Weekly #7 Five China stories you need to read: Hunkvertising in livestreaming sales; Japanese restaurants in China; Young teachers at seniors universities
From heartthrob to cart-add: Douyin's enthralling men of merchandise.
Here comes our #7 weekly roundup, five captivating China stories selected by GRR from China's social media platforms, which delves into the following topics:
1) "Hunkvertising" emerges as the latest trend to watch in the heart of China's e-commerce boom. What's behind this unique marketing wave?
2) Japanese eateries in China now emphasize their distinction by specifying that their seafood isn't sourced from Japan.
3) China's senior universities: where elders learn dance to tech. Dive into the unique tales of young teachers navigating this reversed age dynamic.
4) In China's manufacturing realm, often overlooked by youth, lies an unexpected lifeline for job-seeking graduates.
5) How does Beidaihe, a serene Chinese resort, become an annual retreat and intellectual hub for China's foremost experts?
Subscribe GRR newsletter for free to get a glimpse into the priorities of both the leadership and the general public in China.
1.When Livestreaming Sales Enters the “Hunk Era” 当直播卖货进入“男色时代”
The article discusses an unconventional marketing strategy known as "Hunkvertising" that has taken center stage in China's rapidly expanding e-commerce sector.
These days, when you open Douyin (Chinese TikTok) or enter a livestreaming session in Taobao (China's largest e-commerce platform ), you are likely to encounter some male influencers leveraging their physical appeal or unique personas to engage with female viewers and promote their sponsors’ products. The shift from traditional livestreaming sales strategies mirrors the substantial population and growing purchasing power of female consumers in China’s e-commerce industry.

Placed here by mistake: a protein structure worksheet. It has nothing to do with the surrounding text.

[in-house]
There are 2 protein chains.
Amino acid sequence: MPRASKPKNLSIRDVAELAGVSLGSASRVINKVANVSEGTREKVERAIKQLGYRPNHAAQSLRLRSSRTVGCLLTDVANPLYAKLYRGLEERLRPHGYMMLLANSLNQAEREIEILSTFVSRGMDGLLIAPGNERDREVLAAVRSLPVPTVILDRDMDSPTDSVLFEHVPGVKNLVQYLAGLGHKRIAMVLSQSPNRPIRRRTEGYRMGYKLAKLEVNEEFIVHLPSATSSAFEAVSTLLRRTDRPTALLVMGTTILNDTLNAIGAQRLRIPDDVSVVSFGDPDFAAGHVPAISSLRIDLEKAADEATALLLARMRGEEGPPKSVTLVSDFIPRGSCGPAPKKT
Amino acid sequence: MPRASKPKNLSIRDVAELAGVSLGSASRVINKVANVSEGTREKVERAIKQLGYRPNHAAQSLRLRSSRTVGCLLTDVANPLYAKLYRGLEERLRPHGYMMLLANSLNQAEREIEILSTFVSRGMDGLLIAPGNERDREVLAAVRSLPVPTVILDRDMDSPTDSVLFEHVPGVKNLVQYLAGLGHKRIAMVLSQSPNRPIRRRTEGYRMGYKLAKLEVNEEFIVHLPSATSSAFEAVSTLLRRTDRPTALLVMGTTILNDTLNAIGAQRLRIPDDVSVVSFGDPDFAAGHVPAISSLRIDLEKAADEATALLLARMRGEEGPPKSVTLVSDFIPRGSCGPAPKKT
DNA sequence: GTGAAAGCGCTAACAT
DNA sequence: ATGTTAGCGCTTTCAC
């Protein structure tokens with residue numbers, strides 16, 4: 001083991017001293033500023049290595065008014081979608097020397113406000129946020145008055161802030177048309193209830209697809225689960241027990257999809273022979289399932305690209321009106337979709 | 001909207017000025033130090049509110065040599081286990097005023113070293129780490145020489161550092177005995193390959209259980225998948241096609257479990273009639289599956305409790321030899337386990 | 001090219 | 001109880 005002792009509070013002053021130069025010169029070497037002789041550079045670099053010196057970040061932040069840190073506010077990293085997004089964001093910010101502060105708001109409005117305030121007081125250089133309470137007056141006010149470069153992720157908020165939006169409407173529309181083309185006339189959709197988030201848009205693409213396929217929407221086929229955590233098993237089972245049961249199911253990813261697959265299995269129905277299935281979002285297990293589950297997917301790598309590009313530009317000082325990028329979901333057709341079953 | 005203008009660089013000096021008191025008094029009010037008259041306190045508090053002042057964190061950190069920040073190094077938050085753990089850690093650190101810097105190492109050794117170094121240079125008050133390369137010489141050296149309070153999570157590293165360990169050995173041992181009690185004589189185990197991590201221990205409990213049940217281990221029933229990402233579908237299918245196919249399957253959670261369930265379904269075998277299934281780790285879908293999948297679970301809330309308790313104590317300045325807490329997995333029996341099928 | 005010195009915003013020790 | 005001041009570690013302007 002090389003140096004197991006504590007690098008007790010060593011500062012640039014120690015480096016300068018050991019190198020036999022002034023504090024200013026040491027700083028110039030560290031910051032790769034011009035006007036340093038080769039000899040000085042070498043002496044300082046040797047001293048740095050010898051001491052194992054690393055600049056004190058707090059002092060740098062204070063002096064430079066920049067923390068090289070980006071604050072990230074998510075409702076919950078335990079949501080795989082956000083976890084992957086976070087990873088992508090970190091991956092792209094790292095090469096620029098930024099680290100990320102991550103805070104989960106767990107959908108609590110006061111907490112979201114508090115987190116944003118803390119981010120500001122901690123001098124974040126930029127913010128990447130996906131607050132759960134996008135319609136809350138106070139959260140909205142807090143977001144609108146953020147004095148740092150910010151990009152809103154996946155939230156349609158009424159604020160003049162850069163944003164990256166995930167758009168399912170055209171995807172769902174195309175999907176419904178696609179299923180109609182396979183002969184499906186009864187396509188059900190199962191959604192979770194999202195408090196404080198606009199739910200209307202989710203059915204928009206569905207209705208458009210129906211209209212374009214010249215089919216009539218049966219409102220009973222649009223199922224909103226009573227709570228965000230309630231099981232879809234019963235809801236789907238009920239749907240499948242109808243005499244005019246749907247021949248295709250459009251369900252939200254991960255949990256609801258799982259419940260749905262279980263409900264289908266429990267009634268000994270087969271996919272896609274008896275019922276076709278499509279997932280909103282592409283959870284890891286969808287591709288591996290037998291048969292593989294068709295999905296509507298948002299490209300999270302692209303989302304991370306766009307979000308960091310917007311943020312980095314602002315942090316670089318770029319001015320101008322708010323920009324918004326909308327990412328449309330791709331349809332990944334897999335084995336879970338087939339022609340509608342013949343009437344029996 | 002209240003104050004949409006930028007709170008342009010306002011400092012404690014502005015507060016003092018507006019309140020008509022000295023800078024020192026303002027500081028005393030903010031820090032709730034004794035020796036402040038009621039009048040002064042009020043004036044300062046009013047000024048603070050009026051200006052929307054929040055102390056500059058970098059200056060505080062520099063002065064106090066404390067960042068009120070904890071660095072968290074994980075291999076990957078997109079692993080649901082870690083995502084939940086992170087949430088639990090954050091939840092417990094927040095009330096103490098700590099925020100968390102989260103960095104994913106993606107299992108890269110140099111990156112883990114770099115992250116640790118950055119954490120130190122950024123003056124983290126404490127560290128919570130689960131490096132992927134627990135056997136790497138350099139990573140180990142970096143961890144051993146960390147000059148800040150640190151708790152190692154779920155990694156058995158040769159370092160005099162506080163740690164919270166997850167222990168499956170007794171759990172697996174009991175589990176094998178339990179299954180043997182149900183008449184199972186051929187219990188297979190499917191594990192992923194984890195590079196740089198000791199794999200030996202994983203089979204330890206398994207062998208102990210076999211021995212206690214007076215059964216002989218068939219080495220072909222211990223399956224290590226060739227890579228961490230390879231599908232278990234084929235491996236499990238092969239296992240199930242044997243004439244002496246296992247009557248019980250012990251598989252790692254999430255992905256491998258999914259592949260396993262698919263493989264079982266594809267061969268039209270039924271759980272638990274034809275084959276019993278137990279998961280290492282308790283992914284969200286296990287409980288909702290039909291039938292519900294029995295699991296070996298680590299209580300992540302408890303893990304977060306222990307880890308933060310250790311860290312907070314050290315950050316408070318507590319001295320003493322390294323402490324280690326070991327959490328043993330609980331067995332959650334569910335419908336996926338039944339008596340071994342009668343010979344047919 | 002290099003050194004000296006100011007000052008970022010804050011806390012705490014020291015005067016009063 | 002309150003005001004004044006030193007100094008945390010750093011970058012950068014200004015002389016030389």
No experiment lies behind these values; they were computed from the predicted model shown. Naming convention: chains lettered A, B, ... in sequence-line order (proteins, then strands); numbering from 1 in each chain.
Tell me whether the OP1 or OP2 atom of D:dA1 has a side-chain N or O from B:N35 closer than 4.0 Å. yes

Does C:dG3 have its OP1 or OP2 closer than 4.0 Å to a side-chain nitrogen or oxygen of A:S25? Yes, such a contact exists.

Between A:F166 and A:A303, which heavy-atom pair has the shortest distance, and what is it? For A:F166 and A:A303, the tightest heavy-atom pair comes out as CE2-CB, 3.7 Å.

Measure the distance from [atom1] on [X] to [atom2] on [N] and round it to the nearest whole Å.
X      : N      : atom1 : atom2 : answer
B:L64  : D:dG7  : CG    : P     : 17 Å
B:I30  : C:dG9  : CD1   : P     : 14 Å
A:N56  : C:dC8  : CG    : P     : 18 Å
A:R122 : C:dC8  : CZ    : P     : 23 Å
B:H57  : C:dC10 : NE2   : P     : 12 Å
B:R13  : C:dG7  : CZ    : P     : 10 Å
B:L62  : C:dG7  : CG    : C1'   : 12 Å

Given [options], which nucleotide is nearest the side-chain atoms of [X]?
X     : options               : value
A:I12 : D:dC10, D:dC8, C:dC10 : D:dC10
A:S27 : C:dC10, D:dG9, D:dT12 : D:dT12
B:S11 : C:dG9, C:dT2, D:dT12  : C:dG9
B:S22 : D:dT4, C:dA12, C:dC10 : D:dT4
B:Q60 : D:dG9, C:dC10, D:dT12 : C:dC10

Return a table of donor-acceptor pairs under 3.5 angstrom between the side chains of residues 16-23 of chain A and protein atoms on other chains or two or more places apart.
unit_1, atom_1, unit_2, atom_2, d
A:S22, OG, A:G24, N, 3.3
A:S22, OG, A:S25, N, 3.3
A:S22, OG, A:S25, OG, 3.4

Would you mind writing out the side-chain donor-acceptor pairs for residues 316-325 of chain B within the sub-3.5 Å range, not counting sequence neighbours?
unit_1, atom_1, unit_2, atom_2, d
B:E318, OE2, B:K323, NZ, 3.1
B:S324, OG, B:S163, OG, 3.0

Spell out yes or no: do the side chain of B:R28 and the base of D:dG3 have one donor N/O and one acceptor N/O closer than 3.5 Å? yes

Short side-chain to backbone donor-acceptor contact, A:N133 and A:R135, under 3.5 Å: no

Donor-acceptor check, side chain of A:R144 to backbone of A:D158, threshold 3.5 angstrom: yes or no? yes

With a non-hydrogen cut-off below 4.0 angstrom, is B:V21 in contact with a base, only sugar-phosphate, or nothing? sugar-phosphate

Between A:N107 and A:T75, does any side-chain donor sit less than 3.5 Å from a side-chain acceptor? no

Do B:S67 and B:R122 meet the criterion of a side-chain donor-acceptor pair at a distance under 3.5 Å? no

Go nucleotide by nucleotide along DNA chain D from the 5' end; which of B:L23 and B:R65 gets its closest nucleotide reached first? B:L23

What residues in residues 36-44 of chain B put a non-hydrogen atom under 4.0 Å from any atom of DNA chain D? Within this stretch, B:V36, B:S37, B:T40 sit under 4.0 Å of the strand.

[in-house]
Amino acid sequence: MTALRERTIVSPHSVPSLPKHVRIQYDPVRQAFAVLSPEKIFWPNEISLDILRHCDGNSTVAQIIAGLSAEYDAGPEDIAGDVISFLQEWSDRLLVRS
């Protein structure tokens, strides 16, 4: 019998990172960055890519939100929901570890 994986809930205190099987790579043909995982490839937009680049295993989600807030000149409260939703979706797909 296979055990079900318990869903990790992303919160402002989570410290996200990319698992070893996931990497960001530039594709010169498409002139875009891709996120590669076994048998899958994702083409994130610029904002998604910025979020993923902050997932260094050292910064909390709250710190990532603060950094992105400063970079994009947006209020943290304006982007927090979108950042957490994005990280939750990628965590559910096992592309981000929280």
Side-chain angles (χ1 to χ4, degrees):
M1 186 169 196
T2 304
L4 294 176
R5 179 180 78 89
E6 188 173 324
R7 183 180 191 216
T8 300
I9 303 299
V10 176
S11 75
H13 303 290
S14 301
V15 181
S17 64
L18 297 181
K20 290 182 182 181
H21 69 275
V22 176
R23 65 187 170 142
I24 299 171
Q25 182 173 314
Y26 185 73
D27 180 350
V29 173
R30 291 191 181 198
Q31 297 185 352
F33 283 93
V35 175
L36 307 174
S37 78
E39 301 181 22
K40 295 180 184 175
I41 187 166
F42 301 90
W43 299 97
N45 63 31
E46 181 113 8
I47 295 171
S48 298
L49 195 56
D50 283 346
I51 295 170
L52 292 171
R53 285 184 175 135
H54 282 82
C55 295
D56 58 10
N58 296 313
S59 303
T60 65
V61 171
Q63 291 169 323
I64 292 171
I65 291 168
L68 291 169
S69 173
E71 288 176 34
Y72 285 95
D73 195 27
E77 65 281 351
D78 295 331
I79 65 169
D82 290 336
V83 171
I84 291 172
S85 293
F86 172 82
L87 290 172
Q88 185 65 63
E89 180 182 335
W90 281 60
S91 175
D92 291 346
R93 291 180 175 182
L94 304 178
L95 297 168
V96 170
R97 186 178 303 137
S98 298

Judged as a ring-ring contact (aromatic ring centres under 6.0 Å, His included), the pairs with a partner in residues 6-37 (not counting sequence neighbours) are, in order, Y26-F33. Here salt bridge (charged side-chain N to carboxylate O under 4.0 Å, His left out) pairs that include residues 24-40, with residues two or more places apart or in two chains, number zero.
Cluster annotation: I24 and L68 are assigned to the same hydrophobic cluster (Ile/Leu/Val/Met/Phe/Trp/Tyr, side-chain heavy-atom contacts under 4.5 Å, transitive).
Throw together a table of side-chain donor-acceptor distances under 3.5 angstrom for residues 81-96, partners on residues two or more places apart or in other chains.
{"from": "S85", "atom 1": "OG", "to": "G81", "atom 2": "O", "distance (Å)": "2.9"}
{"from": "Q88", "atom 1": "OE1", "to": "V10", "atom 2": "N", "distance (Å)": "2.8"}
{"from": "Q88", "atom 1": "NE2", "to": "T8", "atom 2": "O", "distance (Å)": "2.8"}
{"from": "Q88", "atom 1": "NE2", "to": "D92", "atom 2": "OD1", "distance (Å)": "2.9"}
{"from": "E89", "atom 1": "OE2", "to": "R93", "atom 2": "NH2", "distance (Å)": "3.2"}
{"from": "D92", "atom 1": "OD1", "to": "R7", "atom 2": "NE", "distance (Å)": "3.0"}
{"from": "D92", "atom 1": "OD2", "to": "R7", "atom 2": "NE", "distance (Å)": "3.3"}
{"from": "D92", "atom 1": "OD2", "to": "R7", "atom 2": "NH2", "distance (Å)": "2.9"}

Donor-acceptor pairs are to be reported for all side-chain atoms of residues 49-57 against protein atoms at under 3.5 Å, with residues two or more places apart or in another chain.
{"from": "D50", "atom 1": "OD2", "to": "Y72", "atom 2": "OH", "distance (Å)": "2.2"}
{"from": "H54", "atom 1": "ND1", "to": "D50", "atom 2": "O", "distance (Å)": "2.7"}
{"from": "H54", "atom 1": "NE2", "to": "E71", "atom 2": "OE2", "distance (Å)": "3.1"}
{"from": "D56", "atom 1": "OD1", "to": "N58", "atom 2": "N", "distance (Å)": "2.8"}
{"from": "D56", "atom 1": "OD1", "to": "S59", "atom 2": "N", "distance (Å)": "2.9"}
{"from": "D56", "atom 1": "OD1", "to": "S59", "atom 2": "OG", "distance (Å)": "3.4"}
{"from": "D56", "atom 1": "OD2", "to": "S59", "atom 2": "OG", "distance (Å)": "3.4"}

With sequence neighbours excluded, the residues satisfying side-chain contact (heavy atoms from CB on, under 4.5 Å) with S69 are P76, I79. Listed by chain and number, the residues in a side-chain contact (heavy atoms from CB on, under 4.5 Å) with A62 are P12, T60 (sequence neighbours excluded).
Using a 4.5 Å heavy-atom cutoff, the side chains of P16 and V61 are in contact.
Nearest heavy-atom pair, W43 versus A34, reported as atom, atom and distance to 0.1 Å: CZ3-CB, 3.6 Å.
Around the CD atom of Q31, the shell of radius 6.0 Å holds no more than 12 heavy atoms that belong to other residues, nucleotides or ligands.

This article comes from 每日人物 [Daily Person], a platform that highlights the people involved in societal hot topics and even victims of overlooked everyday accidents.
It is difficult to trace the exact origins of the “Hunkvertising” that prevails the short video and livestreaming platforms. It is certain that, Li Jiaqi, the sales king and trendsetter in China’s livestreaming industry, has played a pivotal role.
In September 2022, after an absence of over three months, Li Jiaqi's first move upon returning to livestreaming was to introduce a new group of sales assistants. Among them, four young men with modeling backgrounds stood out. They are playfully dubbed as "Li Jiaqi’s F4" (F4 is a famed 4-member Taiwanese boy band that gained immense popularity in the early 2000s).
In this crew, each individual has his distinct persona and plays a unique role: the "CEO Guy" known for heartwarming gestures that create a delightful contrast, the "Puppy Guy" captivating the audience with his delicate features, the "Sweet Guy" who made the famous line - "It's OK to forget me, but don’t forget to complete your payment," and the affectionate "Daddy Guy," who can't help but blush while exuding charm.
Compared to their main roles of modeling and promoting products, the physiques and looks of “Li Jiaqi’s F4” are clearly a stronger hook. They sporadically break into a "kiss kiss gesture dance," displaying sass and sweetness to the viewers. Meanwhile, poor Li Jiaqi stands beside them as the "picked-on" presence, confessing, "I am too short and have too big a head next to them."
The "play" reaches its climax when the female sales assistant, Wang Wang, playfully teases the male models. She exclaims to the audience, "Guys just gotta show off their Adam’s apples when wearing turtlenecks!" In her excitement, she pulls the male models up close to the camera, asking them into loosen their ties while delivering a CEO-like, bossy reminder for customers to settle their final payments. The models play along, revealing some bashfully innocent grins.
These scenes are later edited into funny videos that quickly go viral in the Chinese internet. Wang Wang, whose hands act out the desires of all the other girls, receives a shower of praise. "It's a woman who understands what women want to see after all," the viewers comment.